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G+T acts on AGL's wind farm windfall
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G+T acts on AGL's wind farm windfall

In a bid to make money out of thin air, AGL Energy has sold the long-term offtake and management of its Hallett 4 wind farm in South Australia to the Energy Infrastructure Investments group.

IN a bid to make money out of thin air, AGL Energy has sold the long-term offtake and management of its Hallett 4 wind farm in South Australia to the Energy Infrastructure Investments group.


Law firm Gilbert + Tobin has advised AGL on the deal, using a host of lawyers across multiple practices. 


AGL will receive $88 million in development fees from the transaction, and it will continue to operate the wind farm. It will retain all rights to the power generated by the farm until 2036. 


Gilbert + Tobin advised on the sale, including vendor due diligence and project financing. Corporate partner, Vincent Dwyer who specialises in infrastructure and energy, led the team, with assistance by lawyer Jamie Ukra from the firm's project finance and energy team. 


John Schembri, a project finance partner, Hanh Chau, a stamp duty partner, Amanda Hempel, a real estate partner, Emanuel Confos, a partner from the construction team, Noni Shannon, a special counsel from the environment practice and Caroline Power, a special counsel from project finance, also worked on the deal. 


The team worked with Kirstin Mann, AGL’s instructing counsel, on the transaction. 


Gilbert + Tobin has previously advised AGL, including on the sale of its Wattle Point, Hallett 1 and Hallett 2 wind farms. The firm said it used a similar structure for Hallett 4.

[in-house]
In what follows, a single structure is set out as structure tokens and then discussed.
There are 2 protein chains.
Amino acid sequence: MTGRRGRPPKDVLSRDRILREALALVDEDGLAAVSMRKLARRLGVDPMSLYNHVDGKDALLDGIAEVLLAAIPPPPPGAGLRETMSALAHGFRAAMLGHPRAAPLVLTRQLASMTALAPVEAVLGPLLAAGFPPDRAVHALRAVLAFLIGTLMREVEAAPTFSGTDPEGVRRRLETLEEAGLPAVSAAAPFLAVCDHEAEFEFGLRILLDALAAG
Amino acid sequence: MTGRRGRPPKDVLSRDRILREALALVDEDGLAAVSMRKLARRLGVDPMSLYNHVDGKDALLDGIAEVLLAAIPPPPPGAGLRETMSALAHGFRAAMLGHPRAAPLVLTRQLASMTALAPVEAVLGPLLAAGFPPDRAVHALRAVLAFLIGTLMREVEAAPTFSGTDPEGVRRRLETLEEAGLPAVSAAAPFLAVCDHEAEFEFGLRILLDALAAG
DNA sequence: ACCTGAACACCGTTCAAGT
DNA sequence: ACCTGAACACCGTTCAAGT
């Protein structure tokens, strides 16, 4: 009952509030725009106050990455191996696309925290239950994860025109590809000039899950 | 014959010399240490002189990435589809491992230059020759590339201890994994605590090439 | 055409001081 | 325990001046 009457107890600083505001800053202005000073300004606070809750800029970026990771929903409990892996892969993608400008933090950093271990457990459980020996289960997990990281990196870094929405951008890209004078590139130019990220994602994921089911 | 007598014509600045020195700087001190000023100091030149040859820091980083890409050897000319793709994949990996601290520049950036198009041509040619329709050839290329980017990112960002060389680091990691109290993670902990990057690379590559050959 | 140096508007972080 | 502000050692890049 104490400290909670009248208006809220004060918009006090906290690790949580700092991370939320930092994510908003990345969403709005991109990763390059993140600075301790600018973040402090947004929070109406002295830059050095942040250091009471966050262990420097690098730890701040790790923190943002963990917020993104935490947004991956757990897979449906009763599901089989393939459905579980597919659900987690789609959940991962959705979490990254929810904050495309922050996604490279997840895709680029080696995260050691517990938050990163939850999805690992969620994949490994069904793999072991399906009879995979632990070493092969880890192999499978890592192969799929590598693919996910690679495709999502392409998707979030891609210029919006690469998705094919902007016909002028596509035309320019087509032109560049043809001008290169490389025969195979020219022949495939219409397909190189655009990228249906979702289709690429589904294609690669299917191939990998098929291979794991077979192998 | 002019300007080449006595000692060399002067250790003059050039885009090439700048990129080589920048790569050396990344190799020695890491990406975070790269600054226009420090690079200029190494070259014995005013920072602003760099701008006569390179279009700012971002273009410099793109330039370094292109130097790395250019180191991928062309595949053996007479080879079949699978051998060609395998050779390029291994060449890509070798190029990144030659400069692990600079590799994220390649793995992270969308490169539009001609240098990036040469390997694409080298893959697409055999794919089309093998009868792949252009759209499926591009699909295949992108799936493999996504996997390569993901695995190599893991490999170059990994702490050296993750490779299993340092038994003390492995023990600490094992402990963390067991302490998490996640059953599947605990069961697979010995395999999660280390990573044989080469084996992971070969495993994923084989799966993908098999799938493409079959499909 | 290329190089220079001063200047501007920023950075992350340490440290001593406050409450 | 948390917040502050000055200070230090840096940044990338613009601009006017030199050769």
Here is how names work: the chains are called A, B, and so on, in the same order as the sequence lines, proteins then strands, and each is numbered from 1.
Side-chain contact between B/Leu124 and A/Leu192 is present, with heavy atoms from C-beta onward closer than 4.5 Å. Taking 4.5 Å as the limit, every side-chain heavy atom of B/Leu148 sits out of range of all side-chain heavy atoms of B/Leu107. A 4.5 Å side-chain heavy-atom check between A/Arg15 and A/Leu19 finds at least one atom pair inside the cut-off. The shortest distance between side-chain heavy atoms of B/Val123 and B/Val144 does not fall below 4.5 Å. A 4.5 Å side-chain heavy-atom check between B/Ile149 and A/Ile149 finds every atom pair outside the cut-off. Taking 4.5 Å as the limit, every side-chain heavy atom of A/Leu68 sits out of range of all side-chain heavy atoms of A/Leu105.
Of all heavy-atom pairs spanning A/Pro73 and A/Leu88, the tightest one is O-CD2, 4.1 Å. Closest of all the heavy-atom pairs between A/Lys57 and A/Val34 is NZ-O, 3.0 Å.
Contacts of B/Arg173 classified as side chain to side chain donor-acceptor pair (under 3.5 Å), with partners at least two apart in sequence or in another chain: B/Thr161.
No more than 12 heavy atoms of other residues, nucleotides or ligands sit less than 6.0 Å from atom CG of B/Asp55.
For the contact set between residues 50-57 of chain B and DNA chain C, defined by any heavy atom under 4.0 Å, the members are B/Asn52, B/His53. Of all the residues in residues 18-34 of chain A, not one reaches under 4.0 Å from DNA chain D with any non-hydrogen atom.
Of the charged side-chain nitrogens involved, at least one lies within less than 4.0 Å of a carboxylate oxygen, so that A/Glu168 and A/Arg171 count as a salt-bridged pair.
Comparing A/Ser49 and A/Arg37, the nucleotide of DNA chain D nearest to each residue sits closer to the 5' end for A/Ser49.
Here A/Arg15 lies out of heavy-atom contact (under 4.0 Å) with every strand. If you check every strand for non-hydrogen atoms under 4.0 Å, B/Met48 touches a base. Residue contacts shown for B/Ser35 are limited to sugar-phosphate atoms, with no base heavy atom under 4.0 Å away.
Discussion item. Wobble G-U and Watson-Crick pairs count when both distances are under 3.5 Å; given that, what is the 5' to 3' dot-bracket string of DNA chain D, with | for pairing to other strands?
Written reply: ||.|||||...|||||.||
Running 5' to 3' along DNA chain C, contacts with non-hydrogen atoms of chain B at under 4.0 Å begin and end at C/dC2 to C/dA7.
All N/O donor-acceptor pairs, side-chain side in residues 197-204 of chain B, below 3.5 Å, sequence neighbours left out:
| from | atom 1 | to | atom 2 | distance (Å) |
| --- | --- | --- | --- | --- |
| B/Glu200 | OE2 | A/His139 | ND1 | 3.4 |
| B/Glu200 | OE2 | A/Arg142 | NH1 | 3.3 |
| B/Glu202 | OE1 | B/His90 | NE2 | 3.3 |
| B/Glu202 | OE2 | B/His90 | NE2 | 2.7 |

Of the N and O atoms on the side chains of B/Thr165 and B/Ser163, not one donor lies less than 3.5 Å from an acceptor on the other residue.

The latest arrangement "provides AGL with the necessary flexibility to maintain its leadership position in renewable energy generation and demonstrates some of the more innovative approaches the market is adopting to balance the risks and complexity of the national electricity market with the reality of a carbon-constrained future," corporate partner Dwyer said. 


The sale will create development fees, to be paid progressively on completion of construction on the project, with $50 million to $60 million due in 2010, and the balance in the 2011 financial year.


Proceeds from the sale will be used by AGL to lighten the load of ongoing development expenses, which are forecast to be about $160 million from October 2009, as well as anticipated project commissioning in May 2011. It also recoups the development costs of about $150 million incurred to date.


AGL is Australia's largest private owner and operator of renewable energy assets, with over 900 MW of capacity currently in operation, Business Spectator reports. 



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